It wouldn't, I think, be instantaneous. If there had to be a Nato war for Montenegro, the US would surely step up to the task. The stability of Europe is still seen as a vital US interest. But we're not living with the cold war any more. The structures of threat and power have changed. Political seepage will at some stage begin to erode support for a Europe that cannot find the collective will to do enough for itself. Worse than no ESDP will be one that turns out to be an empty pretence.
Fears of a European army - that vaporous construct of the erratic President Prodi - are beside the point: a hallu cination of which Washington seems to have rid itself sooner than simple-minded William Hague. The danger is that Europe won't be able to assemble even a regiment fit for the tasks it has solemnly laid on itself.
At its worst, this could turn out to be the pre-history of a slow decoupling: not yet conscious, certainly not desired, sincerely disavowed in the Pentagon and State department, but in danger of becoming a consequence of hegemonic attitudes in the dominant world power. These are, after all, already on vigorous display. Land mines, Kyoto, the international criminal court, Nato enlargement, the test ban treaty, United Nations dues: all attest to the frailties of a world order only available on American terms - America exempting itself whenever it wants. Europe faces the difficult choice of lying down in front of this, or, where it can, doing something for itself.
The hardest challenge may come from America's national missile defence (NMD) plans, discussed here on Tuesday. The US looks as though it will deploy a system Europe thinks unnecessary and unworkable. Fylingdales could become a target. This could itself make Europe more vulnerable if Iran or Iraq got long-range missiles. If US policy required another war against Iraq, would Europe, in those circumstances, join in as willingly as in 1990? If the US went to war notwithstanding, what protection would she offer London or Paris against Middle East nuclear attack? In short, how can anyone be sure, as they begin to decipher the calculus of NMD, that European and American security interests will remain the same?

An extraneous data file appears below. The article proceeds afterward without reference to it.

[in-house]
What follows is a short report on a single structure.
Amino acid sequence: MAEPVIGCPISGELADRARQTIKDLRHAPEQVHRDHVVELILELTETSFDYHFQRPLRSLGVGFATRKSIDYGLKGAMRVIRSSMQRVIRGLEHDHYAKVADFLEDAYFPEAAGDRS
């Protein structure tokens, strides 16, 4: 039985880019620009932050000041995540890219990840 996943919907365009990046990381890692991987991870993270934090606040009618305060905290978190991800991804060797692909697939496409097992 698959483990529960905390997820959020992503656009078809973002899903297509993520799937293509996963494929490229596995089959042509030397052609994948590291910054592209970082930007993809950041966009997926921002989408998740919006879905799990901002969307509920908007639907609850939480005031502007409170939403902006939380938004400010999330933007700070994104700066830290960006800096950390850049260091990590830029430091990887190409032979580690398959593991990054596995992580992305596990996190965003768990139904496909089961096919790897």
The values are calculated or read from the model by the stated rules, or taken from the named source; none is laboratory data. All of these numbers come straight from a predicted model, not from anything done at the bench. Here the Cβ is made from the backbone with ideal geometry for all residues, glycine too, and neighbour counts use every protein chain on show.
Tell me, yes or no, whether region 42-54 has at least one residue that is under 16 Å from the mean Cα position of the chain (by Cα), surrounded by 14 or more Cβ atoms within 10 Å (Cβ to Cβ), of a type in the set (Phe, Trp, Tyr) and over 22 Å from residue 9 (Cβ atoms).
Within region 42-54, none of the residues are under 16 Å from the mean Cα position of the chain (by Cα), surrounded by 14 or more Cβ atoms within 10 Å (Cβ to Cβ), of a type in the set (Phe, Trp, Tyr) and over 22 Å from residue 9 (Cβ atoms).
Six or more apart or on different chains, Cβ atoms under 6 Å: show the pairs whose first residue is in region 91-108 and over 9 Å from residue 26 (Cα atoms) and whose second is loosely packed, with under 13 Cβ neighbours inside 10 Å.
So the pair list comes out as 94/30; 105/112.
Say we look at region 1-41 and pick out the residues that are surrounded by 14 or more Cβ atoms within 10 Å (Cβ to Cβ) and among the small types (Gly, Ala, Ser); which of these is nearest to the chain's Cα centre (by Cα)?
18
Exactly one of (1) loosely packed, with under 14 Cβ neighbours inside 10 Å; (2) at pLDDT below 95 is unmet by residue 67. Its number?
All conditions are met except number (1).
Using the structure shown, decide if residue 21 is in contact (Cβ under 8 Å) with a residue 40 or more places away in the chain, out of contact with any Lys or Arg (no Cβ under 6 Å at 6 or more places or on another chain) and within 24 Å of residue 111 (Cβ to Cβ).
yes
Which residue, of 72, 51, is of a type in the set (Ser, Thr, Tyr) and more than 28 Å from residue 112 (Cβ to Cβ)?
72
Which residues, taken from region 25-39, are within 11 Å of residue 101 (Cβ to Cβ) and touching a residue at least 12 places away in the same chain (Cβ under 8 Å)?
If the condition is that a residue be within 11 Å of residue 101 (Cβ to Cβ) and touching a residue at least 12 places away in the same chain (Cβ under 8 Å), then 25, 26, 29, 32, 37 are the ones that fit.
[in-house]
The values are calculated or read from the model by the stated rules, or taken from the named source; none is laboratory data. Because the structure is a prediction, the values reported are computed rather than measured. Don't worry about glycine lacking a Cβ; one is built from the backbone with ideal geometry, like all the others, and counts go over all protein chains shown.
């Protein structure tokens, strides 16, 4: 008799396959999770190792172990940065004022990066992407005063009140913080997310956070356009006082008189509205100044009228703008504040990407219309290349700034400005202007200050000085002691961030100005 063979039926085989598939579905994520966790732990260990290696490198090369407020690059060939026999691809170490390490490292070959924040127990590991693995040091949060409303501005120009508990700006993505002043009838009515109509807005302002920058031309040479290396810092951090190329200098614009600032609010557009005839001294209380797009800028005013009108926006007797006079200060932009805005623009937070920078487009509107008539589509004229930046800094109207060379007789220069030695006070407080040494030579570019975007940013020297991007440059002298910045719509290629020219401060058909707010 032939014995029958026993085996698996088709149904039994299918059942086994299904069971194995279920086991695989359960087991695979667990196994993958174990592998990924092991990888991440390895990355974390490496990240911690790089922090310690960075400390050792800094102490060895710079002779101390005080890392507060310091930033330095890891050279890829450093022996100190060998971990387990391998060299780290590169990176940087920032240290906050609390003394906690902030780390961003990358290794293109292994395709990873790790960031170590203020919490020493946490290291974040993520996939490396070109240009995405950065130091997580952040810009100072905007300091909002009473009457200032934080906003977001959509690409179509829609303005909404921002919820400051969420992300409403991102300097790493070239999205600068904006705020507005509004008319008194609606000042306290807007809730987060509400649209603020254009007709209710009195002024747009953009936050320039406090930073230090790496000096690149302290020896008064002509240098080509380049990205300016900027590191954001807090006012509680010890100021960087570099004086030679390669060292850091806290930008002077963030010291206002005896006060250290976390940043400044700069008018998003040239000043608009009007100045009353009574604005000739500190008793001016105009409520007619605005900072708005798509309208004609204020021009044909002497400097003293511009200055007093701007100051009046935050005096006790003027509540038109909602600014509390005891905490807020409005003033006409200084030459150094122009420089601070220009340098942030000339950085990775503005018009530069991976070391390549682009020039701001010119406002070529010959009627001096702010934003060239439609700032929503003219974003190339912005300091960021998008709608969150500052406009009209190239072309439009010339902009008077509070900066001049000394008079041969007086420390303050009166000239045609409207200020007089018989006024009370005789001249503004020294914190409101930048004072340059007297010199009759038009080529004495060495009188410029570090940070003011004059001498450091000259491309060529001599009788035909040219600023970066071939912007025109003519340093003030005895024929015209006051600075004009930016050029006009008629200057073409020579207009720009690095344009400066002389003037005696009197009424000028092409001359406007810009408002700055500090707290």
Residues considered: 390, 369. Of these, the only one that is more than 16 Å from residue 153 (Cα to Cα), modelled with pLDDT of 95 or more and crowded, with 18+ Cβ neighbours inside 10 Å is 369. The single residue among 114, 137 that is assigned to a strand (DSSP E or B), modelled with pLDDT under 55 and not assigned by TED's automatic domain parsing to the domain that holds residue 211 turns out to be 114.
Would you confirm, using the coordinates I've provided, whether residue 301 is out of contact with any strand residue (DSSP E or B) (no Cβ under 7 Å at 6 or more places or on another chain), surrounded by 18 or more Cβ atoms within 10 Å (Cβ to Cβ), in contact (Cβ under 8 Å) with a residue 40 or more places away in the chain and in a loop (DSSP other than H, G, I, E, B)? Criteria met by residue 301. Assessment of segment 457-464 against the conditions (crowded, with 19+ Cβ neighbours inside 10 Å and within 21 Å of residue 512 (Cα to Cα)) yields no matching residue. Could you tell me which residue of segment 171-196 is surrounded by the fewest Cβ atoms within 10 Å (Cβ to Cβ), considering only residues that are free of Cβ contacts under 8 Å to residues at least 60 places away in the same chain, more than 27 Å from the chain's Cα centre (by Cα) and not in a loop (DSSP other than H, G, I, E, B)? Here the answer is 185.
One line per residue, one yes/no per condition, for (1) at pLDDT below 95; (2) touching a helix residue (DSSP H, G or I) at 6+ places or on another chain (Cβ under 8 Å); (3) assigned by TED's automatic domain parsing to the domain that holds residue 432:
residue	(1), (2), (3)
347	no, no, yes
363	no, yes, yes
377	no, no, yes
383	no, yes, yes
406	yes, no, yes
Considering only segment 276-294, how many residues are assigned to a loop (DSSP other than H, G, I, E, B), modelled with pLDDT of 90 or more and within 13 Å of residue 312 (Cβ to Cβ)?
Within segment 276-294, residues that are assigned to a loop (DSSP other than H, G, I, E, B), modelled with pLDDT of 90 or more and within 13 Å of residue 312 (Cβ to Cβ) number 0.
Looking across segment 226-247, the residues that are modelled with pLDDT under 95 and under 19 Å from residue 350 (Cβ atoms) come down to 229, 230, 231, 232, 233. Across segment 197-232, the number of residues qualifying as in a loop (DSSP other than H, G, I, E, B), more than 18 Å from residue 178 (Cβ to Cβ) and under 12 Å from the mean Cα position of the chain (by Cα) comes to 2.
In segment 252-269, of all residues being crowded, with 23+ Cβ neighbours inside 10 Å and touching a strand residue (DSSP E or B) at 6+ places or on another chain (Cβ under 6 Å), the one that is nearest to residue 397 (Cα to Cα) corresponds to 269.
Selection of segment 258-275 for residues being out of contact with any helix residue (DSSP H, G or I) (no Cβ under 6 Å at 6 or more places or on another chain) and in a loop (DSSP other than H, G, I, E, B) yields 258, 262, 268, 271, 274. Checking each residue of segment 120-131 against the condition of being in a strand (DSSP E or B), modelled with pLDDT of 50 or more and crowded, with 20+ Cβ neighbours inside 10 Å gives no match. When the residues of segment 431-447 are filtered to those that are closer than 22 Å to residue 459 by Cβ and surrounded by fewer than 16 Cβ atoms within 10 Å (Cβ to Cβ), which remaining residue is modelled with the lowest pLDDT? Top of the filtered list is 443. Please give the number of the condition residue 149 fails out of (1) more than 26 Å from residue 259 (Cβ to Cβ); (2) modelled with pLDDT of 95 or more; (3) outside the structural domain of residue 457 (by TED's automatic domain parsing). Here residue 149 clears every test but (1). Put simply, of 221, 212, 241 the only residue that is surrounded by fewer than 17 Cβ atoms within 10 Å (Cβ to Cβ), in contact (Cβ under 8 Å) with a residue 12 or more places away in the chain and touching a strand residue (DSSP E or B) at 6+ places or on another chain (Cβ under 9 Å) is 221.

One answer is to say that Europe must fold itself into the protections of NMD: missiles as well as radar on the moors, the scrapping of vital treaties with Russia, redoubled coupling. If NMD turns out to be technically more feasible than now suspected, that is a logical option. But who can believe in the greenish Germans and separatist French, or even the acquiescent British, agreeing to such an American escalation on their soil, even for their speculative benefit? From where would the Euro-billions for NMD suddenly become available?
The moral is that at least Europe has to provide the resources for ESDP. It is the only route to credibility on the field that matters most to the continent, its own back-yard. From being deeply suspect, as a source of US-EU distancing, a serious European defence policy has now become the minimum guarantee of a sustained alliance. It is also a back-up if coupling begins to wane. The people running Nato, not least George Robertson, know this very well. The challenge is to national leaders. Not even Blair is willing to talk honestly about higher defence spending. But that is what must come. The peace dividend was taken, in spades. Now some repayment has to start, to keep the Hegemon happy and simultaneously prepare for his retreat.